Wisconsin Alumni Research Foundation

Radiation Therapy
Radiation Therapy
IsoPhantom: A Customizable 3-D Phantom for Improved Radiation Dosimetry
WARF: P100285US01

Inventors: Benjamin Nelms

The Wisconsin Alumni Research Foundation (WARF) is seeking commercial partners interested in developing a radiation dosimetry quality assurance system to improve the safety and quality of radiation delivery.
Radiation therapy methods such as external beam radiation therapy are administered by directing beams of radiation toward a defined target volume in a patient. A radiation therapy plan is used to determine how much radiation to deliver and from what locations while ensuring that healthy tissue surrounding the target tissue does not receive excessive radiation. Modern radiation therapy methods such as intensity modulated radiation therapy (IMRT) and volume-modulated arc therapy (VMAT), coupled with image-guided radiation therapy (IGRT), allow for highly customized dose optimization. However, there is still potential for the patient to receive undesired radiation doses, i.e., it is possible for the actual delivered dose to be different than the planned dose, and such errors can have a negative clinical impact.

The process of pretreatment verification of per-patient radiation dose commonly is called dose quality assurance (dose QA). Sophisticated radiation therapy modalities featuring rotational therapy use a 3-D phantom for dose QA instead of the common 2-D arrays used for static gantry angle IMRT.  However, 3-D phantoms generally are coupled with either 2-D detection arrays or 3-D detection systems. The use of 2-D detection arrays presents problems of angular dependence and may only measure dose along a single plane, which limits the ability to detect errors. 3-D dosimetry arrays are expensive and may have limited (i.e., fixed, regardless of plan type) or unsuitable detector placement. A customizable system for per-patient radiation dose QA would be desirable to provide greater flexibility in radiation dosimetry without requiring the purchase of an expensive new dosimetry system.
The Invention
A UW–Madison researcher has developed a system and method for utilizing available detector arrays with a highly configurable 3-D phantom to acquire accurate 3-D dosimetry information. This radiation dosimetry quality assurance system is configured to measure actual radiation dose delivered by the radiation delivery system during a planned medical procedure.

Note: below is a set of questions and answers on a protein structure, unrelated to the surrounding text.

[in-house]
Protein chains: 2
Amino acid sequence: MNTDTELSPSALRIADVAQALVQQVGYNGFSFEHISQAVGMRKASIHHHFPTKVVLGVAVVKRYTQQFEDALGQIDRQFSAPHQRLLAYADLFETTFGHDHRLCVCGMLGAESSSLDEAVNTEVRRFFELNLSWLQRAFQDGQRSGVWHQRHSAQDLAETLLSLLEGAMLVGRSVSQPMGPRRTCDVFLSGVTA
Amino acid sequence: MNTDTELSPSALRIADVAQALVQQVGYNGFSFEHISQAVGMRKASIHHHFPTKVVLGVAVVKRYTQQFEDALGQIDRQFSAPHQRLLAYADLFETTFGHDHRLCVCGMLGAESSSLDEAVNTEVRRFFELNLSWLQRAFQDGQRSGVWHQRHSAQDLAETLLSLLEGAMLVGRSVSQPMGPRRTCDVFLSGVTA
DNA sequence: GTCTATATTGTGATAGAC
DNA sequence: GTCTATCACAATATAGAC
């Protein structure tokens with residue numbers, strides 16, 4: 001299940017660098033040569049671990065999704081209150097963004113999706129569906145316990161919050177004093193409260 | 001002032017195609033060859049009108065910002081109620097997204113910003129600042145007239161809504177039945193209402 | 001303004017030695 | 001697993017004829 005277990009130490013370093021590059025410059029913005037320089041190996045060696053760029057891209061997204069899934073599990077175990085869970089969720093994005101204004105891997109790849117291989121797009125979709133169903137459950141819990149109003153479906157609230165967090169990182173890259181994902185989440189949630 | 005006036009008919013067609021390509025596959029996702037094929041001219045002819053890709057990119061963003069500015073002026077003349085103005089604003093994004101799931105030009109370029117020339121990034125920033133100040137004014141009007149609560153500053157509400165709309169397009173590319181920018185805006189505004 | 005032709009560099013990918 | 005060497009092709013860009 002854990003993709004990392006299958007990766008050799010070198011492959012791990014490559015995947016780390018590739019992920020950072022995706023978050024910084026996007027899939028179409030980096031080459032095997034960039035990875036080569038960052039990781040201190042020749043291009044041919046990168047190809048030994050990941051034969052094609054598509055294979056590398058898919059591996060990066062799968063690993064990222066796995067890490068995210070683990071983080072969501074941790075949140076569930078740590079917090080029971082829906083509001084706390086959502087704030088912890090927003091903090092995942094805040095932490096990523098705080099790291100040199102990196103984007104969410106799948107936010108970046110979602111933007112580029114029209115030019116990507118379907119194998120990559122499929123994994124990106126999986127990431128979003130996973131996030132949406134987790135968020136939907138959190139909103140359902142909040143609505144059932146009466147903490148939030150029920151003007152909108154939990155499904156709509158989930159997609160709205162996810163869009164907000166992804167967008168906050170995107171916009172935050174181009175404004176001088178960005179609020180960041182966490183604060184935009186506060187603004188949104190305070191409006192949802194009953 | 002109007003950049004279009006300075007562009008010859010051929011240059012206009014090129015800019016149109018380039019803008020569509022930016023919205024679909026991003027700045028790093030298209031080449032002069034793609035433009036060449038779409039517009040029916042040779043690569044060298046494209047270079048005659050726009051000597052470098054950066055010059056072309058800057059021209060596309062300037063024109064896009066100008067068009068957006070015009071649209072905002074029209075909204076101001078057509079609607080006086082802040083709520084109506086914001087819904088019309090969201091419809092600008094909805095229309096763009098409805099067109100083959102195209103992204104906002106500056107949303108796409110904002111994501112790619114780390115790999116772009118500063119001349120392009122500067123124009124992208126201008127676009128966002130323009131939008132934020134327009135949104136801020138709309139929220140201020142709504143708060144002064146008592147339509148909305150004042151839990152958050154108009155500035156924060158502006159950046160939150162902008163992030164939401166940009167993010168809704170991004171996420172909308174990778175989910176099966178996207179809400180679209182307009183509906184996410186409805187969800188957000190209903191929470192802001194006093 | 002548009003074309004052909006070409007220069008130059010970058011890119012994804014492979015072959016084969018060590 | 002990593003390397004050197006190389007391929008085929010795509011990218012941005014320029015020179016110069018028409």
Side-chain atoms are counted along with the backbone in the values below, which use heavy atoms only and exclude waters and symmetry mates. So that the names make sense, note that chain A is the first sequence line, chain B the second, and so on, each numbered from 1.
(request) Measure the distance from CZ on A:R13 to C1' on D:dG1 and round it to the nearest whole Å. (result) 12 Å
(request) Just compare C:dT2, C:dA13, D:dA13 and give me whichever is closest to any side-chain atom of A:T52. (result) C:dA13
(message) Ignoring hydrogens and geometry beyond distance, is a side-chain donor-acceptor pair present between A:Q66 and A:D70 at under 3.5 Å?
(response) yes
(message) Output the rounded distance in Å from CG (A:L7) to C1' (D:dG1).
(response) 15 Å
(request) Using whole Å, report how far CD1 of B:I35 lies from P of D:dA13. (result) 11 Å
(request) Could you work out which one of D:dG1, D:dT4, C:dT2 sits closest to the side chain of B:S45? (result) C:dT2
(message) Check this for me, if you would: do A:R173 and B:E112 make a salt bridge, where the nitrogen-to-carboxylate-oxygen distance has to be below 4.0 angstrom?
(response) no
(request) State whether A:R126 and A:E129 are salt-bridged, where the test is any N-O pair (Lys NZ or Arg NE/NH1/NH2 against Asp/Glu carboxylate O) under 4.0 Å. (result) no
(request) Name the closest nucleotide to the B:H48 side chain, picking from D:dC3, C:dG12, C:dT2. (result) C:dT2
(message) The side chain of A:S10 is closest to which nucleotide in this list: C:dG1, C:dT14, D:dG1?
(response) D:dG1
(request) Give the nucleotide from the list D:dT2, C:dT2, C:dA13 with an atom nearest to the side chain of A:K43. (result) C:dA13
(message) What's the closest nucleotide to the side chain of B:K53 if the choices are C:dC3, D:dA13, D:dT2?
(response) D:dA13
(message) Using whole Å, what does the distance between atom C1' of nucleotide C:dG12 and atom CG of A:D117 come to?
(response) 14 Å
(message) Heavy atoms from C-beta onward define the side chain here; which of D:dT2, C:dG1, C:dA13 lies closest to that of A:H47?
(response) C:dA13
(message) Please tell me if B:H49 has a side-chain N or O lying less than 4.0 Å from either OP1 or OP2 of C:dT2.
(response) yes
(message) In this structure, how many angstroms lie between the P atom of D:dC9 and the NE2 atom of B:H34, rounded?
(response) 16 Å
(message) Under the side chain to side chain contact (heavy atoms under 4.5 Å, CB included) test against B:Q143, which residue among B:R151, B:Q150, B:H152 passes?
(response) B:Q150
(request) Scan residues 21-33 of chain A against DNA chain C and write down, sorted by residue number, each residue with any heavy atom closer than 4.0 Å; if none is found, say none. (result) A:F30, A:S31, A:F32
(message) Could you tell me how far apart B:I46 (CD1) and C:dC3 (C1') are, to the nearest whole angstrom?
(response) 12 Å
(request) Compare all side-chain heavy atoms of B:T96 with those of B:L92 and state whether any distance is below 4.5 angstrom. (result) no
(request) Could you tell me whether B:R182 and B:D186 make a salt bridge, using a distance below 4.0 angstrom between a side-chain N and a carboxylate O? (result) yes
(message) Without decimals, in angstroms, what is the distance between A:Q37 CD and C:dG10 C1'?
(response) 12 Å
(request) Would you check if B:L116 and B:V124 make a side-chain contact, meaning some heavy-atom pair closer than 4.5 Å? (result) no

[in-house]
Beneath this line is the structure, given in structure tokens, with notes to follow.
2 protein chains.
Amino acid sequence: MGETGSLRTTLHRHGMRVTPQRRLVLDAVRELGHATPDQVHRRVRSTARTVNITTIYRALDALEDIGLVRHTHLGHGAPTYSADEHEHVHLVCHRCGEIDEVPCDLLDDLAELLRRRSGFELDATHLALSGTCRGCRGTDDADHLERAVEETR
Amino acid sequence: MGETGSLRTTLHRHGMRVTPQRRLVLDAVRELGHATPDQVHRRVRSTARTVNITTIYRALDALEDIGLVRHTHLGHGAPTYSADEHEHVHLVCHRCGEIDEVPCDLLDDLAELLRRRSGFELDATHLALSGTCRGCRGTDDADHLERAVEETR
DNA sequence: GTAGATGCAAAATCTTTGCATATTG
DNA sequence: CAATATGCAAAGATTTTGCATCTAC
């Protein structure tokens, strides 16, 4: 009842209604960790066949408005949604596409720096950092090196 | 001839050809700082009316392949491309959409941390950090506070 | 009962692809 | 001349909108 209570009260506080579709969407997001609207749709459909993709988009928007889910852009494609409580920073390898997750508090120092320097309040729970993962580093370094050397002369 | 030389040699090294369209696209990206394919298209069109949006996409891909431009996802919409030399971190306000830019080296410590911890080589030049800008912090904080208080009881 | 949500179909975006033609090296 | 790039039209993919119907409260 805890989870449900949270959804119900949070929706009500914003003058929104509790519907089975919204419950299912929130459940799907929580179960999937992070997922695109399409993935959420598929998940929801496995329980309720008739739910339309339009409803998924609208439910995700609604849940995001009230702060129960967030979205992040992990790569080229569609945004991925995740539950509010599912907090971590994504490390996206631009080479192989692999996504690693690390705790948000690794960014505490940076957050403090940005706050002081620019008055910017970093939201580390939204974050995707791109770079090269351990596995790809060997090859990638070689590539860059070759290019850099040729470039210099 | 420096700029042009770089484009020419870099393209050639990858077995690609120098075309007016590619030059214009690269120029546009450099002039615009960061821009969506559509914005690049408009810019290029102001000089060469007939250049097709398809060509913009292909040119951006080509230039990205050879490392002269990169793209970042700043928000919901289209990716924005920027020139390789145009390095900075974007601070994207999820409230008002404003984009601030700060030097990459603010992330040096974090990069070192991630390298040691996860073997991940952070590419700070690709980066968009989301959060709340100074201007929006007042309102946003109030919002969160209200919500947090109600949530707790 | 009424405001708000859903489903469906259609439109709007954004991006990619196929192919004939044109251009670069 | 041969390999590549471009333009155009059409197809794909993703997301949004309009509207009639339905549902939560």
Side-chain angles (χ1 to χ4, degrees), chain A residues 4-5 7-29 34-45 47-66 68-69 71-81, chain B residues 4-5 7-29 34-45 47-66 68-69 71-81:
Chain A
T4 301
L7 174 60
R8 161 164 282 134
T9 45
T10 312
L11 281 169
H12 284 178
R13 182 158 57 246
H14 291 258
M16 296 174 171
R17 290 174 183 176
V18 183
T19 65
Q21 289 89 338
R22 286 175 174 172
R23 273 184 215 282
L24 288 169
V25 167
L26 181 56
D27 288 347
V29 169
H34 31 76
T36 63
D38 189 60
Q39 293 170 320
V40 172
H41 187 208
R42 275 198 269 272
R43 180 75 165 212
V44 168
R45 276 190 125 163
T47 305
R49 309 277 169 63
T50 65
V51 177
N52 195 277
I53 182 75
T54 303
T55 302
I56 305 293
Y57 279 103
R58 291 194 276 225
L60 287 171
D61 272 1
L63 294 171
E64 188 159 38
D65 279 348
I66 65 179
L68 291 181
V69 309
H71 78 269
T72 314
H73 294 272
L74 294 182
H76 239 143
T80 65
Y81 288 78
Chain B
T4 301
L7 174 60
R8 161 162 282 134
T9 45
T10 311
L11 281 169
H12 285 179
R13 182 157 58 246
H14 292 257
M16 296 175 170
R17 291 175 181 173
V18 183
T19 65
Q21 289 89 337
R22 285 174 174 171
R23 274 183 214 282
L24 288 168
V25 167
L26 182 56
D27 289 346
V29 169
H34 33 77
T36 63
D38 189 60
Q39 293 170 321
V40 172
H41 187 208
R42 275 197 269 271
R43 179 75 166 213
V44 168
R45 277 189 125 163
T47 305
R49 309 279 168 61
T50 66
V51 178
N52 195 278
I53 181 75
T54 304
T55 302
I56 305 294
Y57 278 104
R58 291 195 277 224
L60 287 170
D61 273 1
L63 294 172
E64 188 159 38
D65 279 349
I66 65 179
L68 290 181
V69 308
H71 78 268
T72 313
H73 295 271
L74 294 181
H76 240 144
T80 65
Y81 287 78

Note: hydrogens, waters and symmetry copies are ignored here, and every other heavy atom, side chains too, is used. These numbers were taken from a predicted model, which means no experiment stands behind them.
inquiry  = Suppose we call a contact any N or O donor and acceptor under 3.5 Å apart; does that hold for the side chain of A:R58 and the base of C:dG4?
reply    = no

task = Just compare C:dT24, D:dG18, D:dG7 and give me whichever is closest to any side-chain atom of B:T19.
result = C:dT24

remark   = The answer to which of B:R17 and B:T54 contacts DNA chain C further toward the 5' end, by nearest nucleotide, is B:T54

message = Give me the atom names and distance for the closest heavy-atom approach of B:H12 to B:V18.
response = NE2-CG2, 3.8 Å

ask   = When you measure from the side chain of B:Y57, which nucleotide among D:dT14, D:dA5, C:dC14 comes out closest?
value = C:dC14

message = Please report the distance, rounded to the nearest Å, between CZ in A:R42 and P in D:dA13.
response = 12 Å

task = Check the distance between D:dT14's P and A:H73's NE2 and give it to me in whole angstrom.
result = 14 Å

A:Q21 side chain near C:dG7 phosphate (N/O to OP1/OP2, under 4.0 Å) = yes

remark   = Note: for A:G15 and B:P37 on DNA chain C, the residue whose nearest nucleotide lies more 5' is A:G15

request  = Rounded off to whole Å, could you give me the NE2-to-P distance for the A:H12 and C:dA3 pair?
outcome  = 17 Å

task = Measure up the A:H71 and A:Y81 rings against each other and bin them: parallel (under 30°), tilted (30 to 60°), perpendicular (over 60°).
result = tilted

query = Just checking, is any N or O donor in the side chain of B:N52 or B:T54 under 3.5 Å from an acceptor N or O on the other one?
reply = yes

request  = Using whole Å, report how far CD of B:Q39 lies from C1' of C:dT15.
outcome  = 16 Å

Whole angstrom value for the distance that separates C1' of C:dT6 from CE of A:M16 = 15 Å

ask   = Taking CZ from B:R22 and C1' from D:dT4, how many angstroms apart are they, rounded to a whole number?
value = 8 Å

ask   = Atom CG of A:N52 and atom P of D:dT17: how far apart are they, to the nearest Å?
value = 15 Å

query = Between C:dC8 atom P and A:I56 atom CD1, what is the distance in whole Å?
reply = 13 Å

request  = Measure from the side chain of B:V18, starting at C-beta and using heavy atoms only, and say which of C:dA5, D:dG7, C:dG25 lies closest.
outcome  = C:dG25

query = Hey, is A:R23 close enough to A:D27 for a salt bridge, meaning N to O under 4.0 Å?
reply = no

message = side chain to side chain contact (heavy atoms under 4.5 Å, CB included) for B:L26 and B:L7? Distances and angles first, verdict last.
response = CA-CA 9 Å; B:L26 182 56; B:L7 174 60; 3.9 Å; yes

The system consists of a 3-D phantom extending along a longitudinal axis to form an exterior surface and an interior volume, a passage that extends the interior volume of the phantom to receive a detector array, an angular-compensation system coupled to the surface of the 3-D phantom to control any angular dependence of the detector array during dose measurement and a detector-angle adjustment system to allow positioning of the detector array with respect to the radiation source (see the figure below for a general schematic of the system). The system: 1) corrects for device-dependent angular dependence, 2) optimizes the measurement plane(s) to any plane rotated about the longitudinal axis to maximize sensitivity specific to each radiation plan, and 3) is capable of serving all 2-D dosimetry arrays. The system can be utilized with flexible analysis software to integrate 2-D array measurements into a 3-D analysis engine and graphical user interface.
  • Customized radiation therapy treatment planning and dose verification
Key Benefits
  • Offers flexible dose measurement through critical targets
  • Improves positioning relative to the patient for dose verification
  • Reduces cost of treatment by offering a less expensive alternative to previously developed 3-D dosimetry phantoms
  • Allows use of existing 2-D arrays inside a customizable 3-D phantom
  • Enables use with existing 2-D radiation therapy detector software
For current licensing status, please contact Jeanine Burmania at [javascript protected email address] or 608-960-9846
A general schematic of the IsoPhantom 3-D dosimetry phantom.